Spying versus seeing
The spies were sent on a mission to reconnoitre the land. They came back with a negative report for the people. As a result, the spies and all who listened to them had to wander the desert for 40 years. This ill-fated mission lasted 40 days, and accordingly, they were decreed to be in the desert for 40 years – yom leshanah, a day for a year. What was the extent of their transgression that resulted in such severe consequences?
Rabbi Asher Weis explains that the transgression of the spies wasn’t what they said but what they saw. Hashem promised the land to our patriarchs and matriarchs. Hashem said it would be good for the Jewish people to enter the land, and that it was possible to overcome the challenges. The spies went against Hashem’s word, and said that it would be impossible for the Jewish people to inhabit the land.
The famous 19th century British philosopher, Herbert Spencer, expanded Charles Darwin’s ideas into the fields of psychology and sociology. He coined the term “survival of the fittest” regarding human beings. These ideas were developed further by Friedrich Nietzsche and his descriptions of the Übermensch. The Nazis based their warped racial theories on their interpretations of these writings. These ideas are rooted in the natural world. The lions kill the antelope, the strong dominate the weak. The same applies to humanity. The Übermensch can destroy the weaker races.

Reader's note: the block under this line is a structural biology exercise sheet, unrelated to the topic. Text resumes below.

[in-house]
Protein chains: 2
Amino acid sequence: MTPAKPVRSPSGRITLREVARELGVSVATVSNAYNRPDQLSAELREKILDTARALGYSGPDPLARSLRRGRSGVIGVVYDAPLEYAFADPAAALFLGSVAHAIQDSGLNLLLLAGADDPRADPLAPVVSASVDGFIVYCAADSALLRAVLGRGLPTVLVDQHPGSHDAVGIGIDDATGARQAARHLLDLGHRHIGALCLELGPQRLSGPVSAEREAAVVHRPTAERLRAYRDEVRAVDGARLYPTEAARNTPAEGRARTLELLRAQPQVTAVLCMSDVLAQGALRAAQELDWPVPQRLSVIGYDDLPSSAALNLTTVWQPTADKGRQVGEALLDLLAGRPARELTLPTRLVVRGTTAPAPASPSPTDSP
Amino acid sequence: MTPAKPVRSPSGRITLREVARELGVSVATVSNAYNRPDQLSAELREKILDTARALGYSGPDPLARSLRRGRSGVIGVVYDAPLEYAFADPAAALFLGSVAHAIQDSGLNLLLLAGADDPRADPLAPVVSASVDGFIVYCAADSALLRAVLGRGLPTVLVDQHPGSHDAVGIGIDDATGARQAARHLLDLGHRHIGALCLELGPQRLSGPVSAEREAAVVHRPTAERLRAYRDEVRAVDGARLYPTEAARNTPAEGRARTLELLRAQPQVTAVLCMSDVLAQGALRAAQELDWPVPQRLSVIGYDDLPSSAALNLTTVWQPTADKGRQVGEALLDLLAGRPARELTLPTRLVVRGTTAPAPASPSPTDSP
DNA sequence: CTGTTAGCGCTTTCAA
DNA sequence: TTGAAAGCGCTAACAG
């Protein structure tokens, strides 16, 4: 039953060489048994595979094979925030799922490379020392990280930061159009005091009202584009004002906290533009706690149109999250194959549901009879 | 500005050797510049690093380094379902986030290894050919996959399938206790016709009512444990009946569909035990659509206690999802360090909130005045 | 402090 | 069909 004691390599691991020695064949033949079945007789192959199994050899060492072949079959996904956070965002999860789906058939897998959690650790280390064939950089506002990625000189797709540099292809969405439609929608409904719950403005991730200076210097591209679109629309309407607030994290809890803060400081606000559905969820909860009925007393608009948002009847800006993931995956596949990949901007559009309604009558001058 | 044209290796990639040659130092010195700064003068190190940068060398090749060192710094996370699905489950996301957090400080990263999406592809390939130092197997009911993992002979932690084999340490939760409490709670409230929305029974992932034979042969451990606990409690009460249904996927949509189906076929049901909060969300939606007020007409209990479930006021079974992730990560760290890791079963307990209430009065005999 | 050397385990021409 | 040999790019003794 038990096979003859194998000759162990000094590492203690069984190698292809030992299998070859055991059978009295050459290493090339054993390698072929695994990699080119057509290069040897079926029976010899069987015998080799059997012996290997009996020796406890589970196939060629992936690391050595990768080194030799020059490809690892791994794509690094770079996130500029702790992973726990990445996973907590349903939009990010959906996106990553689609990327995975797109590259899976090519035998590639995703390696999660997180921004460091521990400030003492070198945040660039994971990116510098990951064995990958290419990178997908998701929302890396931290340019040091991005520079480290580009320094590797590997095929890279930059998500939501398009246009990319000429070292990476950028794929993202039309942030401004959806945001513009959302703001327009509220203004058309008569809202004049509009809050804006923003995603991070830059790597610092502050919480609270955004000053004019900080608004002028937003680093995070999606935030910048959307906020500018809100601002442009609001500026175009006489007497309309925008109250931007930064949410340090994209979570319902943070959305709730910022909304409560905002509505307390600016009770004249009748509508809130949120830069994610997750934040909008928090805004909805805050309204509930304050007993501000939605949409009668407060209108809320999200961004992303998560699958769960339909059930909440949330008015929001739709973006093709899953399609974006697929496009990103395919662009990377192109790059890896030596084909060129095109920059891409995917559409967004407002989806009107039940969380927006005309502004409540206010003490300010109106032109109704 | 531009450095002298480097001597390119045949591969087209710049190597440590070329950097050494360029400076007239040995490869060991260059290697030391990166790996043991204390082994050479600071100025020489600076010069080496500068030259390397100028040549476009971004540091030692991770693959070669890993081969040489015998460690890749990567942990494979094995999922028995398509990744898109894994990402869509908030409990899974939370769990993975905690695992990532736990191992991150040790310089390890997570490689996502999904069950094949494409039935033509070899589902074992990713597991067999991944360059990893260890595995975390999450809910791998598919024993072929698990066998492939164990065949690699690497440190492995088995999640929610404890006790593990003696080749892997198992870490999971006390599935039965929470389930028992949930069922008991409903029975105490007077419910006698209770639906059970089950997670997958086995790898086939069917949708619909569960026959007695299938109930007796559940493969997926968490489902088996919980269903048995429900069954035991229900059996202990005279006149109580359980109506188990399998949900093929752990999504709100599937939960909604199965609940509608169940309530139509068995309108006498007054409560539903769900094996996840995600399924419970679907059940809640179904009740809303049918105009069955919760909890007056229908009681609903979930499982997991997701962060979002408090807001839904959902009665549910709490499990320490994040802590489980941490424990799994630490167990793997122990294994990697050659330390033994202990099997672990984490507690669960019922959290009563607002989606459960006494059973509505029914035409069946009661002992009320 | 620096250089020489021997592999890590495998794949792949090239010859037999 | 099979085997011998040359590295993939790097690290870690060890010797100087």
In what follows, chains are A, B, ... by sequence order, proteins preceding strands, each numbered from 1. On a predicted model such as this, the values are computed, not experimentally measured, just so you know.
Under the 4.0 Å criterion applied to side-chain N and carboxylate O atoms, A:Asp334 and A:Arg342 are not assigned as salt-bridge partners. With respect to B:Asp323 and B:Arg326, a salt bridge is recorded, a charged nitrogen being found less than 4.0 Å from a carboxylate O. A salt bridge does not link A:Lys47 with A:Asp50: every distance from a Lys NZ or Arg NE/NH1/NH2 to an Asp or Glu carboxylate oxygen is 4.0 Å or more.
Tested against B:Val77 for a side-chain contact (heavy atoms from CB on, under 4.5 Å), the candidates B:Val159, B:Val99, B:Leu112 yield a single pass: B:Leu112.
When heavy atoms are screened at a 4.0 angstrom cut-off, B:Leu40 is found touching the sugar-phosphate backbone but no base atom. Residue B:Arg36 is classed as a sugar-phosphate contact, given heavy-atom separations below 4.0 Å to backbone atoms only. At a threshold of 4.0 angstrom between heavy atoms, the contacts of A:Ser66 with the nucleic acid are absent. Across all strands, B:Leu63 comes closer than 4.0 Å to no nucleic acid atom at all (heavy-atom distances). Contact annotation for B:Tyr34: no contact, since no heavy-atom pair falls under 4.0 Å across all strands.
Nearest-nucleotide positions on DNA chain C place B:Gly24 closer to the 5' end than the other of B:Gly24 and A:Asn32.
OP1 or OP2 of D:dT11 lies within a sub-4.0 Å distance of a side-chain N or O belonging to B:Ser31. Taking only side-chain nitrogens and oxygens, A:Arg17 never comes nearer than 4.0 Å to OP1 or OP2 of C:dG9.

The great sage, Rabbi Yochanan, teaches (Eiruvim 100b) that if the Torah wasn’t given at Mount Sinai we would learn ethics and morality from nature. We learn modesty from the cat; we learn to be honest and not steal from ants; and we learn fidelity from the dove. Different individuals observe nature and see completely different things. The philosophers saw brutality and domination, Rabbi Yochanan saw morality and modesty.
What we see reflects what’s in our hearts. We see what we want to see. If there’s darkness in our heart, we’ll see that same darkness around us. If there’s light and positivity in our heart, we’ll see that light and goodness in the world.
This was the transgression of the spies. It wasn’t what they said, but what they saw. Whatever they saw was negative in spite of Hashem’s guarantees. It reflected the negativity in their hearts. The Torah is teaching us to cultivate goodness in our heart. We do so by connecting to G-d and accessing the goodness in our eternal soul. We can then develop the ability to see good in others and good in the world. This is emphasised by the great Rebbe Elimelech of Lizhensk in his magnificent prayer, “May Hashem grant us the ability to see good in others and not their weaknesses.”
When we create a society of positivity in which we give others the benefit of the doubt, Hashem responds measure for measure and sees the good in us, evoking the divine attributes of compassion from above. May we merit to see this in our world!